the ER: Deep vein thrombosis (DVT) may
be the culprit.
“DVT will often start small, as a clot in a
vein below your knee, but it can grow quickly,”
says Dr. Elliott Haut, director of the fellow-
ship program in acute care surgery at Johns
Hopkins Hospital in Baltimore, Maryland.
“Once it moves up into your thigh, pieces can
break off and travel to your lung. This can
cause a condition called pulmonary embo-
lism, which can be fatal.”
DVT is most often caused by immobil-
ity—staying in bed after surgery, for example,
or on a long plane flight—in addition to con-
ditions such as cancer, or during pregnancy.
The most important thing to remember
about any form of leg pain? Trust your
instincts. If the discomfort you’re experiencing is sudden or new, prevents you from functioning normally or just doesn’t feel right,
never take a chance—play it safe, and talk to
your doctor ASAP. C
Lisa Mulcahy is an internationally established
health and multimedia writer.
Ways to feel better
ONCE YOUR DOCTOR determines the
cause of your leg pain, there are many
good treatment options.
• For sciatica patients, anti-inflammatory drugs and spine-strengthening
stretches can help. “Maintain your ideal
weight—it can really help back pain as a
whole,” recommends Murit Sharma of
Georgetown University Hospital.
• “Ice overextended muscles,” says
Gary Calabrese of the Cleveland Clinic.
“Also, drink at least a couple of 12-ounce
glasses of water 30 to 60 minutes before
your workout: Hydration will help your
muscles work better.”
• “Yoga can be very good for RLS
[restless leg syndrome] symptom relief—
it calms your system down,” says
Joseph E. Herrera of Mount Sinai
Hospital in New York City. “There’s also
evidence that some anti-Parkinson’s
drugs actually work, most likely because
they produce dopamine in the body.”
• “Compression stockings can help
prevent DVT [deep vein thrombosis],”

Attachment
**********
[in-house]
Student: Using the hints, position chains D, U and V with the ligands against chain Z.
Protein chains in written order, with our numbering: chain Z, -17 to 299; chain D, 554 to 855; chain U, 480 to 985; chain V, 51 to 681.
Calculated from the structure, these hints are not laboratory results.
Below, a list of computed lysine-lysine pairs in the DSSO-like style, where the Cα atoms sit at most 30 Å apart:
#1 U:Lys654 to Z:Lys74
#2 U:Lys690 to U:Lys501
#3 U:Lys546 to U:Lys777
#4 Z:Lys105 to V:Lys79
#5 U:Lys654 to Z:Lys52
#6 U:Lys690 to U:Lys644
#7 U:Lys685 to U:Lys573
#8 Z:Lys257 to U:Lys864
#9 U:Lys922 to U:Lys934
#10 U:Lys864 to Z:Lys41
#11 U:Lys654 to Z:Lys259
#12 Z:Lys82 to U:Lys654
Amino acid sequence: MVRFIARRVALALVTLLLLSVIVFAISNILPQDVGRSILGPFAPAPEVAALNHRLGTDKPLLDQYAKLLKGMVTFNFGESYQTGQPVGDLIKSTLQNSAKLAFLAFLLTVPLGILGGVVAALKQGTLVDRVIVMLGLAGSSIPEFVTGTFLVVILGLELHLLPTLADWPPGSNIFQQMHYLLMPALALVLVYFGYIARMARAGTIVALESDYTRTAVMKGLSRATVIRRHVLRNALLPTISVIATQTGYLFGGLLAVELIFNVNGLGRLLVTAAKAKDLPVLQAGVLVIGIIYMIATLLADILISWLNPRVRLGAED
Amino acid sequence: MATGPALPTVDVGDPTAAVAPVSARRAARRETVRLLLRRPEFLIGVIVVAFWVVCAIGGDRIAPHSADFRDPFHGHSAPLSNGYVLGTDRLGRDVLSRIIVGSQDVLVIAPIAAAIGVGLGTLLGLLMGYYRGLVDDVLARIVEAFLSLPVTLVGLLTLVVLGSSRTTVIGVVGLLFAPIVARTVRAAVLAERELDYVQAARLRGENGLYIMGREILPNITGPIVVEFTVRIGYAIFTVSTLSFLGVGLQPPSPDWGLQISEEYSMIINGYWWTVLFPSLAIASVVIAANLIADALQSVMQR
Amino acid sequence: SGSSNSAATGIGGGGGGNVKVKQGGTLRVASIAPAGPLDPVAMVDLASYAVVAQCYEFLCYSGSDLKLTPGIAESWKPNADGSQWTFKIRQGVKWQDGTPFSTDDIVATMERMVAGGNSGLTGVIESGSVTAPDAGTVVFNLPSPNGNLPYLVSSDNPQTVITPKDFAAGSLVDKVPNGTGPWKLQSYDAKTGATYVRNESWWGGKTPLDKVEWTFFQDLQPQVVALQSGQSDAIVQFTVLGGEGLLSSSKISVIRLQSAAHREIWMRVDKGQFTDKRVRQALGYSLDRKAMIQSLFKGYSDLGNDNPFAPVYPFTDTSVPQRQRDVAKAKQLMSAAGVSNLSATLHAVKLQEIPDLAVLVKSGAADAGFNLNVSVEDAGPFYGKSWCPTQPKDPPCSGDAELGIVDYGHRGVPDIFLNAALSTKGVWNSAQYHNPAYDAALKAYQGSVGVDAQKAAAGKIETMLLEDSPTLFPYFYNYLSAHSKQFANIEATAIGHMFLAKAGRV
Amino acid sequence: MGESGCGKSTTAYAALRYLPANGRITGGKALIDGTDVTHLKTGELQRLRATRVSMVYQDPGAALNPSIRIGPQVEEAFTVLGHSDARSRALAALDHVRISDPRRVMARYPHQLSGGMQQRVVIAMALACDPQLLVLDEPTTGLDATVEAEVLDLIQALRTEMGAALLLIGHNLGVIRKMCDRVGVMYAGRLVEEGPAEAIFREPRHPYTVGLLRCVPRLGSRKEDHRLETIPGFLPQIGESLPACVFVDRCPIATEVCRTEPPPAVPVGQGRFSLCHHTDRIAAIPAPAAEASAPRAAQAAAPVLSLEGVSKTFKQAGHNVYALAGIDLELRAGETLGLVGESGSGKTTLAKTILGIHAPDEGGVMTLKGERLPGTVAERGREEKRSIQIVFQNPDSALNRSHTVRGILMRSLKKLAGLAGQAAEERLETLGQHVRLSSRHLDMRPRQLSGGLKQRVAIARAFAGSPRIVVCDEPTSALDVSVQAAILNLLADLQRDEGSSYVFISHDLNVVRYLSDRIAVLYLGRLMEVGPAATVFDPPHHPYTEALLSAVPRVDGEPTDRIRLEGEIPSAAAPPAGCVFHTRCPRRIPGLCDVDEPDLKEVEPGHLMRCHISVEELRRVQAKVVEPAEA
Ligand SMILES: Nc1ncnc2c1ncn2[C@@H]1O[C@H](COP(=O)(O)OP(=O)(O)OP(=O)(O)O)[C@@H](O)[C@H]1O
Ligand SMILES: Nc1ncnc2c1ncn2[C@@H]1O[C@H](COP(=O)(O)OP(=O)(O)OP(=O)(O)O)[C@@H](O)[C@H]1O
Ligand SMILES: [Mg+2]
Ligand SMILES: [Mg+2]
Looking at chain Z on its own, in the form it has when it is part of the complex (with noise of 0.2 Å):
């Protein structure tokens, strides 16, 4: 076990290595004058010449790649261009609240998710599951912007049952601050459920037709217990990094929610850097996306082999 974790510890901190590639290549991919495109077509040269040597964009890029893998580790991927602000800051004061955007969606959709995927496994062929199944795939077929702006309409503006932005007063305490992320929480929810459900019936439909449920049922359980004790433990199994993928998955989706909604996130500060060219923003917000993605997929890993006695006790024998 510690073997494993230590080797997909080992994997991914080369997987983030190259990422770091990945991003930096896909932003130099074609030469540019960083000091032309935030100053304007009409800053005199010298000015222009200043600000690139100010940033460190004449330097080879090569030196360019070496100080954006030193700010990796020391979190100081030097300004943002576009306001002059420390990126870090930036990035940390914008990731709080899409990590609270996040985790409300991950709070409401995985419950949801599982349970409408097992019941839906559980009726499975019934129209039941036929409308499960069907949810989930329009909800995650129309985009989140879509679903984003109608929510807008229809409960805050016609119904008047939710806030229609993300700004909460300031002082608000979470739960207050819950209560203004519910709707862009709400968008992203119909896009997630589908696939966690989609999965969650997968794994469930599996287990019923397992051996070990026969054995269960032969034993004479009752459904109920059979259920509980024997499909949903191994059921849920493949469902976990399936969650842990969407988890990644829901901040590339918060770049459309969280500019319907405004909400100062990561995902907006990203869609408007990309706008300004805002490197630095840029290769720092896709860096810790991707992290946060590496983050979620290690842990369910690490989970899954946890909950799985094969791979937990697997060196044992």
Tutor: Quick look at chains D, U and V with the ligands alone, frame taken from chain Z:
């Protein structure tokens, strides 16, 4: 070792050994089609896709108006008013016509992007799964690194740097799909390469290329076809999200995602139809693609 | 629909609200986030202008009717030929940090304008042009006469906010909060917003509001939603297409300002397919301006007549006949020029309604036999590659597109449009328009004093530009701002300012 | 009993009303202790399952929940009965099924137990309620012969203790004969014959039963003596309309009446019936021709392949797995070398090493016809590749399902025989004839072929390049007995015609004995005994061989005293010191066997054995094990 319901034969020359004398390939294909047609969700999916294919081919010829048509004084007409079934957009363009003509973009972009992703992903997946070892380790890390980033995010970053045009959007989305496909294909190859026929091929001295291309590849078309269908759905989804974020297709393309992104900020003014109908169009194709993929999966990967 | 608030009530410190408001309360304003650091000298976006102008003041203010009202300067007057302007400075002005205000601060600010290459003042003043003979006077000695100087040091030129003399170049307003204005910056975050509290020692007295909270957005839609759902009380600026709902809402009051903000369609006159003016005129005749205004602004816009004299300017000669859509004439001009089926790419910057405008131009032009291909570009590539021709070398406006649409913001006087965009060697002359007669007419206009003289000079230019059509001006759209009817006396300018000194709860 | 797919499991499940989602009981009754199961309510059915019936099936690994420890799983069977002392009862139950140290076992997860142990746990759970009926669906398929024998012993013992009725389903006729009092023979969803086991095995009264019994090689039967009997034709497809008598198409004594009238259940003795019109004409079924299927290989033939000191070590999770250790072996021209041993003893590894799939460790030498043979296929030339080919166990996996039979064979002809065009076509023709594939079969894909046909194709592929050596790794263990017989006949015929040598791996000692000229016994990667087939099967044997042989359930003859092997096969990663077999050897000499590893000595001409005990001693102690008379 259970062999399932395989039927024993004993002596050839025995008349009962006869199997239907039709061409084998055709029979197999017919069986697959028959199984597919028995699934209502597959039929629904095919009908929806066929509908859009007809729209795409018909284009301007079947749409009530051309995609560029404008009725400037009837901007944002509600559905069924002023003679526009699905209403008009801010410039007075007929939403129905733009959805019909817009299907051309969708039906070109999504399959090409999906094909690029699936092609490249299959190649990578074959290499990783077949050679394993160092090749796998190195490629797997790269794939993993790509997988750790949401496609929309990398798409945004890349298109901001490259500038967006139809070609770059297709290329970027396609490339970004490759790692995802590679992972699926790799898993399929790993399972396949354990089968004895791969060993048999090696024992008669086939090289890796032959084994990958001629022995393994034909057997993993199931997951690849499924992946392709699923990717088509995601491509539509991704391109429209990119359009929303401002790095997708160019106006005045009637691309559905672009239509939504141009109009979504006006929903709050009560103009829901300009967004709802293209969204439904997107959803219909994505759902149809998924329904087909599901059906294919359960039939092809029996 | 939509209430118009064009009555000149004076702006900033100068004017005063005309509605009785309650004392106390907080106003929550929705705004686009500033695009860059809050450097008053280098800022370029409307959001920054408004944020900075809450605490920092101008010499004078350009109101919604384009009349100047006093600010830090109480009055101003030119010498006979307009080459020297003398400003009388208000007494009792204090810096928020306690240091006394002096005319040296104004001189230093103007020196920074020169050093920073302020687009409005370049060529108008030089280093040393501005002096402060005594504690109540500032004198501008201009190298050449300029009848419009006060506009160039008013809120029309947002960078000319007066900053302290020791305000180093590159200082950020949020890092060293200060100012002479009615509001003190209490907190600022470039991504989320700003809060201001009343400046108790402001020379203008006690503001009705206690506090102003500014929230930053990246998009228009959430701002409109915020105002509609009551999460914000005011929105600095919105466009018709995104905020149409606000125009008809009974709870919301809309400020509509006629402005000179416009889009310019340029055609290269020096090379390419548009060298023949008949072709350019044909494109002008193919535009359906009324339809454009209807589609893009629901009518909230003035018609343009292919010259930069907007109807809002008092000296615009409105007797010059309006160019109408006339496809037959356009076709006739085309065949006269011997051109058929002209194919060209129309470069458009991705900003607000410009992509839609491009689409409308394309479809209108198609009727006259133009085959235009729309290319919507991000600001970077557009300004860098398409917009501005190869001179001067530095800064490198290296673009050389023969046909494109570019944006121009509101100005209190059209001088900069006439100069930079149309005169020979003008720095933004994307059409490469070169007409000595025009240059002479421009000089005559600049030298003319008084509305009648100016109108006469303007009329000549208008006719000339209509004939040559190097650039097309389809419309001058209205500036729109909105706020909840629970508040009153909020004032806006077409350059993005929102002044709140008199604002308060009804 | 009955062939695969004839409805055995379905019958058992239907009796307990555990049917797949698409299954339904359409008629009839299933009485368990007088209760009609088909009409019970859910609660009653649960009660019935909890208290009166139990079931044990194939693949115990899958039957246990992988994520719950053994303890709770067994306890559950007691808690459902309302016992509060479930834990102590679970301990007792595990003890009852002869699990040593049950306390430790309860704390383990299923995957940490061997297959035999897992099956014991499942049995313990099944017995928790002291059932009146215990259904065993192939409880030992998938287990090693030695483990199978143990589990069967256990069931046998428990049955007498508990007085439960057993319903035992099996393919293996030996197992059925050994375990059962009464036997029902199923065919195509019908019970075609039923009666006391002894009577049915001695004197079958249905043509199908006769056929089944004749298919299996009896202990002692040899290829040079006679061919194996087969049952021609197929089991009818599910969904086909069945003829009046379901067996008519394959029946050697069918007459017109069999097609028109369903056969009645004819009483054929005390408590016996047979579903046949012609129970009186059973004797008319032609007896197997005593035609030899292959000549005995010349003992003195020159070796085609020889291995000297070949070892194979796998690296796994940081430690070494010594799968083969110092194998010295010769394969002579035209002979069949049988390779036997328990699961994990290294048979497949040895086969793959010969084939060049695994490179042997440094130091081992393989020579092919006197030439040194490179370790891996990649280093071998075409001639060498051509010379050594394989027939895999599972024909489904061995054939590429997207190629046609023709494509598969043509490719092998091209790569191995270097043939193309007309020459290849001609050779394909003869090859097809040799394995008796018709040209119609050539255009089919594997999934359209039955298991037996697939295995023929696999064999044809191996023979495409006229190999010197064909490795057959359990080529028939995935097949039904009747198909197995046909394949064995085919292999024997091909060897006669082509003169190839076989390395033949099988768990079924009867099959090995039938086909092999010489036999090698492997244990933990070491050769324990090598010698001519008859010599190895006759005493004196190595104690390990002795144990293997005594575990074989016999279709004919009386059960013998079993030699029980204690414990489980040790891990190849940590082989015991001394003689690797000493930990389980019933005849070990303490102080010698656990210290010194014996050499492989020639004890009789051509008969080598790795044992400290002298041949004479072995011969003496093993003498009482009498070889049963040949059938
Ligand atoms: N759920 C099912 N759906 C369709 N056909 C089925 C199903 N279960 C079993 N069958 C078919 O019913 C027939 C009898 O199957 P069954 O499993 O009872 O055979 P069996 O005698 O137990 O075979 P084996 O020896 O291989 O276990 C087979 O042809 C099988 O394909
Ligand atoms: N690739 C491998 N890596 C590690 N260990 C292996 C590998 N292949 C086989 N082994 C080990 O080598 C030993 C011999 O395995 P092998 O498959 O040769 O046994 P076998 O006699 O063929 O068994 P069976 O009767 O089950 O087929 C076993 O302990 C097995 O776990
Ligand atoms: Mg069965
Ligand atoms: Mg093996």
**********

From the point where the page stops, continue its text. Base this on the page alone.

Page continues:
says Elliott Haut of Johns Hopkins
Hospital. “If you’ve had a DVT and
develop symptoms of pulmonary embolism like sudden shortness of breath, call
By Lisa Mulcahy
YOU WOKE UP with your lower calf killing
you. Should you be concerned?
Depending on its quality and location,
the leg pain you’re experiencing could be as
benign as exercise-related strain or as serious
as a life-threatening blood clot. A little
research about leg pain symptoms will help
you accurately explain your pain to your doctor, and get you the right care.
Sciatica is most often caused by a herniated disk or bone spur, which irritates the sciatic nerve in your lower back. The pain
follows a path, starting in your lower back,
heading down your hips and buttocks, then
finally radiating down one leg.
“Back pain is not subtle,” says Costco
member Murit Sharma, a board-certified
neurosurgeon at Georgetown University
Hospital in Washington, D.C. “It can feel
sharp, burning or excruciating. Seek immediate treatment if you develop weakness in your
legs, or if you have sudden loss of bowel or
bladder control, which can mean all the
nerves in your lower spine are compressed”—
damage that can lead to paralysis.
Cramps and muscle spasms
If you’re working out and suddenly experience an intense, cramping muscle spasm
that takes a few minutes to pass, most likely
you’ve had a charley horse.
“A charley horse, or many other kinds of
Restless leg syndrome
cramps you may experience during or after
exercise, occurs when you’ve done a little too
much, or the intensity was too high,” says
Gary Calabrese, director of rehabilitation and
sports therapy at the Cleveland Clinic in
Cleveland, Ohio. “The pain related to this
kind of healthy strain is actually a sign of pro-
gression: Your muscles are working, and will
repair themselves in about 24 to 36 hours.”
A sudden sharp pain that doesn’t clear
within a few minutes and doesn’t let you
complete an exercise warrants a call to the
doctor. “That could indicate a problem with
your Achilles [tendon], joint or bone,”
Pain that flares when you’re sitting or
lying down but gets better when you move
could be restless leg syndrome (RLS), a condition that doctors suspect may be caused by an
imbalance of the brain chemical dopamine.
“We don’t really know its cause for sure;
RLS may also be related to iron deficiency
and diabetes,” says Joseph E. Herrera, assistant professor of rehabilitation medicine at
Mount Sinai Hospital in New York City.
The pain often is an achy soreness, and
can be a creepy-crawly, tingling sensation.
RLS pain can also be described as burning,
itching or gnawing feelings in your calves,
thighs or feet.
You may also notice discomfort when
your body is stressed—say, when you’ve had a
little more caffeine than normal or you’ve
worked out late in the day. RLS is also possible
if several members of your family experience
the same symptoms; the condition is thought
to be hereditary.
Deep vein thrombosis
Is one of your legs swollen, red and pain-
ful, especially from the knee down? Go to
Identifying your leg pain
A leg to
The Costco Connection
Costco and Costco.com offer a variety of
therapeutic items, including prescriptions
from Costco pharmacies, hot and cold therapy, anti-inflammatories and more.